After five years of making films abroad, Woody Allen returns to his old stomping grounds of Manhattan for his latest comedy, Whatever Works. The lead character, Boris Yellnikoff, is a familiar Allen curmudgeon, but instead of casting himself as he so often does, Allen this time casts Larry David of "Seinfeld" and "Curb Your Enthusiasm" fame as his onscreen narrator substitute.
Yellnikoff is a misanthropic misfit of the highest order. A genius and former scientist, Yellnikoff now lives by himself in a crummy apartment in Chinatown (having divested himself of a wife to whom he felt too well-matched and a fine apartment in Beekman Place). He earns a living teaching chess to youngsters and spends his leisure time hanging out with his friends in restaurants, argumentatively pontificating on all that comes within his purview. Into his life tumbles naive waif Melodie St. Ann Celestine (Evan Rachel Wood), a Southern belle who's become a New York City runaway. She begs him for food, and his inner marshmallow invites her up to his apartment for a meal, which turns into a place to sleep—and, before you know it, marriage.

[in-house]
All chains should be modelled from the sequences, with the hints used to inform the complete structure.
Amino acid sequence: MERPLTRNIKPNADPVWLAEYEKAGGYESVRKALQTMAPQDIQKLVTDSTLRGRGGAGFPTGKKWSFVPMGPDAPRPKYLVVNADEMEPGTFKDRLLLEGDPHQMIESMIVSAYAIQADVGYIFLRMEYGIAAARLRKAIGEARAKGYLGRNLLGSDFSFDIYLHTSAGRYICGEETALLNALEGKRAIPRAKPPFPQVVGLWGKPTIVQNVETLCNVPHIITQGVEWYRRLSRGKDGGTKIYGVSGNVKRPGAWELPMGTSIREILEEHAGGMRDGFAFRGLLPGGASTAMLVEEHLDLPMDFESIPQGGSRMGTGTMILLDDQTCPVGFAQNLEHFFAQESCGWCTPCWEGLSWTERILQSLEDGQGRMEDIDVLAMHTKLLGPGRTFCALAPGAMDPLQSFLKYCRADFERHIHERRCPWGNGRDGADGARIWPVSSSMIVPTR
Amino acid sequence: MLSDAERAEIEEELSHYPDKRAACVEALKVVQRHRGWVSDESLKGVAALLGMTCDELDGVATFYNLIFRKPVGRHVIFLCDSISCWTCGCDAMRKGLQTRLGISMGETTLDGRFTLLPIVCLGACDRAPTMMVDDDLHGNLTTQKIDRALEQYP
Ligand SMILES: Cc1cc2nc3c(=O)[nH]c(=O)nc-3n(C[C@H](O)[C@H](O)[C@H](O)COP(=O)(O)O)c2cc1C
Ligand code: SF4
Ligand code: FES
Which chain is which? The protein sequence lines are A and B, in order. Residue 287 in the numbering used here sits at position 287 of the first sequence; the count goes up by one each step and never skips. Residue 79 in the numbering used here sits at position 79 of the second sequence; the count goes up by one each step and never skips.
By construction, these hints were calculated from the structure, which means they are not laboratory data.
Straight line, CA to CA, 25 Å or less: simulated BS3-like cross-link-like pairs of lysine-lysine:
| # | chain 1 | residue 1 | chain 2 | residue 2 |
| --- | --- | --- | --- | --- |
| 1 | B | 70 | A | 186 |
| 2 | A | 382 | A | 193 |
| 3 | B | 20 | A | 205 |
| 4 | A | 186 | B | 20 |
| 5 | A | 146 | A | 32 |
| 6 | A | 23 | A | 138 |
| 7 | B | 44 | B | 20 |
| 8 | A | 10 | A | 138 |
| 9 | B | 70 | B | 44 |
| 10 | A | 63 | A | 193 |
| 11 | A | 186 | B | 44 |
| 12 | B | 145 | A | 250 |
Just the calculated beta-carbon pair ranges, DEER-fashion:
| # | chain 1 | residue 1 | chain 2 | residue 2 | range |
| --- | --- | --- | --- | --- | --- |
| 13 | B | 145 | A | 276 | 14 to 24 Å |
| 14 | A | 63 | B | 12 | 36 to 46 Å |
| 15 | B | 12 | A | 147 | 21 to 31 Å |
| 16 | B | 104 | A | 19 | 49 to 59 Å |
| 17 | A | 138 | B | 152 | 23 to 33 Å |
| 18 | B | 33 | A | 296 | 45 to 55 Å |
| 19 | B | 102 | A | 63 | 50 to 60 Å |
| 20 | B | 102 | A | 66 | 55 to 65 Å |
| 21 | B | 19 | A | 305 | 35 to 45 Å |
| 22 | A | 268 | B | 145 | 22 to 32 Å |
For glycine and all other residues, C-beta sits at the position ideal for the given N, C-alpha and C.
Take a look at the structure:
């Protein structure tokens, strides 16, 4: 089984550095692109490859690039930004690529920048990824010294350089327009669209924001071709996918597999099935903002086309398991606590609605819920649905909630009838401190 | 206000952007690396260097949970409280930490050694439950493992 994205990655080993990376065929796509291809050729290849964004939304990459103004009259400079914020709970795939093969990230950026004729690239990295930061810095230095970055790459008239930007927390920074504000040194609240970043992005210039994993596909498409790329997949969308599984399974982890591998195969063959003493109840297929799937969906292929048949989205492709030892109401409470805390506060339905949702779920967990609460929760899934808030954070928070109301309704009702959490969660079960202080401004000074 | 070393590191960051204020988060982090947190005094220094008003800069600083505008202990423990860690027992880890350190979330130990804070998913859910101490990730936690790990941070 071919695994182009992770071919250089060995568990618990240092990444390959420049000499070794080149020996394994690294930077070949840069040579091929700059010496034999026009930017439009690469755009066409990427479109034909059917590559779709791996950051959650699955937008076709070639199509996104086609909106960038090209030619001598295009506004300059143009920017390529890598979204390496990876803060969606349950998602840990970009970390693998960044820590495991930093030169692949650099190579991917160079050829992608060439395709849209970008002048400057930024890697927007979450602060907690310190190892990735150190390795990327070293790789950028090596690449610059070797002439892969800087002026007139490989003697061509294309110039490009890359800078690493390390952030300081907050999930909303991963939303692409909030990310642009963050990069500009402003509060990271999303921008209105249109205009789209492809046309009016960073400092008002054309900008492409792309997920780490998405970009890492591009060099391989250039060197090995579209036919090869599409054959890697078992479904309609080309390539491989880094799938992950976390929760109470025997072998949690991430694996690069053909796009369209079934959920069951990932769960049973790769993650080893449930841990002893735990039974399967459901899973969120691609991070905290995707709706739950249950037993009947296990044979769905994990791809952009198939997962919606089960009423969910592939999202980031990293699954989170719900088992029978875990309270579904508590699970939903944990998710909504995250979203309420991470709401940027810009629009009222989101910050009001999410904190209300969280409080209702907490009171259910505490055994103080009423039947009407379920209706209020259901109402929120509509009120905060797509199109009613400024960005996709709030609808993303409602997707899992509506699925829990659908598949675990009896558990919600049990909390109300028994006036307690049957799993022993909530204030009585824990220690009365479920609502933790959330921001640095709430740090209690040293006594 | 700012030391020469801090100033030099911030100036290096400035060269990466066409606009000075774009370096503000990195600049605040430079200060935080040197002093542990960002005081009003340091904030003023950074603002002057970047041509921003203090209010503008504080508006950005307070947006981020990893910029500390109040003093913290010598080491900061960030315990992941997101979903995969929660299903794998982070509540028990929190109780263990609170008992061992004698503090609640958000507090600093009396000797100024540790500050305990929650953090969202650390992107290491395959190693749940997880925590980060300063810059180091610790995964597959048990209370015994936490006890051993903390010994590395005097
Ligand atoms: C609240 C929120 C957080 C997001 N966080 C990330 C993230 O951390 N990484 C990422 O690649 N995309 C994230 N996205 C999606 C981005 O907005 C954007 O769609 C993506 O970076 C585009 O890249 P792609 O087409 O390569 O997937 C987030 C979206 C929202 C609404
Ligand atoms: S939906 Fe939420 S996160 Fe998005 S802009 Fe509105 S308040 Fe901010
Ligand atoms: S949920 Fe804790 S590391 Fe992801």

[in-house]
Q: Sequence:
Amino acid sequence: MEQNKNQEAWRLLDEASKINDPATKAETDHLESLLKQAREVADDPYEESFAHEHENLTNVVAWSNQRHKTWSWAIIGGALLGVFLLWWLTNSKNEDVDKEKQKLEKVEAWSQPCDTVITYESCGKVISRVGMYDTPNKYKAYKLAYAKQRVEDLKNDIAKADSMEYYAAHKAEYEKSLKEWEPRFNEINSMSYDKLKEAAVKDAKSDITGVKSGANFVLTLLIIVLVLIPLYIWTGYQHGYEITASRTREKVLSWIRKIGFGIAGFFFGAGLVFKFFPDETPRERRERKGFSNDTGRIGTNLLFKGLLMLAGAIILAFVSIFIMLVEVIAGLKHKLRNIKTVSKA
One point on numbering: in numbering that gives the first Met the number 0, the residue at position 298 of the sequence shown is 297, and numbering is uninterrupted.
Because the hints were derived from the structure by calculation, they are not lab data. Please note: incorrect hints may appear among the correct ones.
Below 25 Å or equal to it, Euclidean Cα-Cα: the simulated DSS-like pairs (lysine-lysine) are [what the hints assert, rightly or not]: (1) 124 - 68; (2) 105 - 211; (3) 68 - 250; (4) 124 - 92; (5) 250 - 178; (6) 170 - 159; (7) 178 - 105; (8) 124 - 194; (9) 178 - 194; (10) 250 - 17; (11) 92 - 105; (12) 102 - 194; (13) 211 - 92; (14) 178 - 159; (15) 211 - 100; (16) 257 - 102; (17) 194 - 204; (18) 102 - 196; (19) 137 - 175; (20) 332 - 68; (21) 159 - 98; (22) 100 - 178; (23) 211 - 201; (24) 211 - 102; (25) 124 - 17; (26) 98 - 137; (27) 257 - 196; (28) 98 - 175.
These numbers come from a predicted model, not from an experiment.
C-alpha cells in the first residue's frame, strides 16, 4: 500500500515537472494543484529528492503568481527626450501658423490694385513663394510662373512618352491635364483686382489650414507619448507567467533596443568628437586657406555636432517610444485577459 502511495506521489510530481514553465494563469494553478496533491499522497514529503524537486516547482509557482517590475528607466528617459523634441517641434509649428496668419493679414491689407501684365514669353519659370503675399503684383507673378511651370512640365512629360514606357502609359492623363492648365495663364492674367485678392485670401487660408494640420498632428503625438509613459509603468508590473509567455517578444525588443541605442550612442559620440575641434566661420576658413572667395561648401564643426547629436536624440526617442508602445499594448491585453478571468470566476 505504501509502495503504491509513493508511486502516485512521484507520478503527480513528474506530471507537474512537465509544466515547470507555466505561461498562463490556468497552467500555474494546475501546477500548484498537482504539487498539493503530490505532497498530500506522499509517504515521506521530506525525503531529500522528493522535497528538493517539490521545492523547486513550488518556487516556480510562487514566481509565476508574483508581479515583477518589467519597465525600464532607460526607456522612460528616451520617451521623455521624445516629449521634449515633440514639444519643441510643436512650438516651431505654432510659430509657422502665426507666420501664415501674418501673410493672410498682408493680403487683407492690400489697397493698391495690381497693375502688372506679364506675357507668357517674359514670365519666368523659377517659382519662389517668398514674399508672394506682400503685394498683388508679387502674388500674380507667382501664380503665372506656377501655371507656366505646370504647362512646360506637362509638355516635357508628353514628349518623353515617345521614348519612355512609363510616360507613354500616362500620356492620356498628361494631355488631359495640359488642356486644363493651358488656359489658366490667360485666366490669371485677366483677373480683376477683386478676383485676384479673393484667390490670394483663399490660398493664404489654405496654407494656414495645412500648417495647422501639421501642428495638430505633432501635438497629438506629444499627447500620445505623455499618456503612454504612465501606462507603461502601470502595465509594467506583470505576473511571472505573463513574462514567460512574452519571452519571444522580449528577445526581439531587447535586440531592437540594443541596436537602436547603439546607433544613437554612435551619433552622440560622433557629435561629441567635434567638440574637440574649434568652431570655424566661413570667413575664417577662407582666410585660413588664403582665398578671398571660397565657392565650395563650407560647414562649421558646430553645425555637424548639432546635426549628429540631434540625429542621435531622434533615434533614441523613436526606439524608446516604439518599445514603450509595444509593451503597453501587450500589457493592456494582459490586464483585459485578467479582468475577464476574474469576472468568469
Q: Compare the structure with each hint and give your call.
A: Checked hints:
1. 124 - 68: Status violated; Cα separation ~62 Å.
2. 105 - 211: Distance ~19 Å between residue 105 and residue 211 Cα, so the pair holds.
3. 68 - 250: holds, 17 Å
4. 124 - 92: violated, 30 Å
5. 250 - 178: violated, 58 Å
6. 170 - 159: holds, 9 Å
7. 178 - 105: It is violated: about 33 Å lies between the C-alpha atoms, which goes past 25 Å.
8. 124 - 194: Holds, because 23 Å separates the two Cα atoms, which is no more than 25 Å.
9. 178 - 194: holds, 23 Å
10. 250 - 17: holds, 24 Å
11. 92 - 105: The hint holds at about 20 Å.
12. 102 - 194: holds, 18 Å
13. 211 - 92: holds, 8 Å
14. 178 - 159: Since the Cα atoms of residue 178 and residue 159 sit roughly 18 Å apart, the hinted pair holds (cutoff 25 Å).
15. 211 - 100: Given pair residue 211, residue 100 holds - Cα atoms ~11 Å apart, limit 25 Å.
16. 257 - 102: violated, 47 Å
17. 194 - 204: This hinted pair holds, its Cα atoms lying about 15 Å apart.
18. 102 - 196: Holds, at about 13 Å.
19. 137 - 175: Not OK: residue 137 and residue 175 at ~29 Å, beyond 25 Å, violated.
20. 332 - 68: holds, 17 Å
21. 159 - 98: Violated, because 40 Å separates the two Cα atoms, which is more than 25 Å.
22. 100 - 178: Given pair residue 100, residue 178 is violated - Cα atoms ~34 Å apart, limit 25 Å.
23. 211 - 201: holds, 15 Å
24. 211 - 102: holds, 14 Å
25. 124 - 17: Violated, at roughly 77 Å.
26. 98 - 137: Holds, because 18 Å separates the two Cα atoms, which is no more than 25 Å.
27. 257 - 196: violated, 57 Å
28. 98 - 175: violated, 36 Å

The movie's conceit is that this guileless Mississippi innocent, who laps up every one of Yellnikoff's misanthropic assertions as a pearl of wisdom, is his perfect romantic foil. (Only for one brief moment, when the use of Viagra is casually mentioned, must we contemplate the idea of sex between these otherwise platonic two, whose age difference is greater than four decades. It's also best not to dwell too intently on Allen's stereotypical portrait of Southerners as Bible-thumping know-nothings; his narrative license is egregious, but then again, the story's told from a misanthrope's perspective.)
In time, Melodie's mother (scene-stealing Patricia Clarkson) arrives in New York, followed later by her father (Ed Begley Jr.), and both characters undergo their own wild transformations under the spell of the Big Apple. Their tangential story arcs eventually upstage those of Yellnikoff and Melodie, to the detriment of the movie as a whole.
Nevertheless, Wood finds her own equilibrium in the character of Melodie, mixing sincere naiveté with bouncy self-assuredness to create a leading lady who's every bit the equal of the other actresses (Diane Keaton, Dianne Wiest, Penélope Cruz) who've gone on to win Oscars for their work in Allen's films. Populated with scores of witty one-liners and excellent performances by David and Wood, Whatever Works feels more like a Woody Allen movie than have many of his recent films. Still, for a movie that goes out of its way to mock the pious self-delusions of Frank Capra's classic It's a Wonderful Life, Whatever Works offers us an ending that practically insults our intelligence. Consider our enthusiasm curbed.
Whatever Works continues at the Wilma Theatre.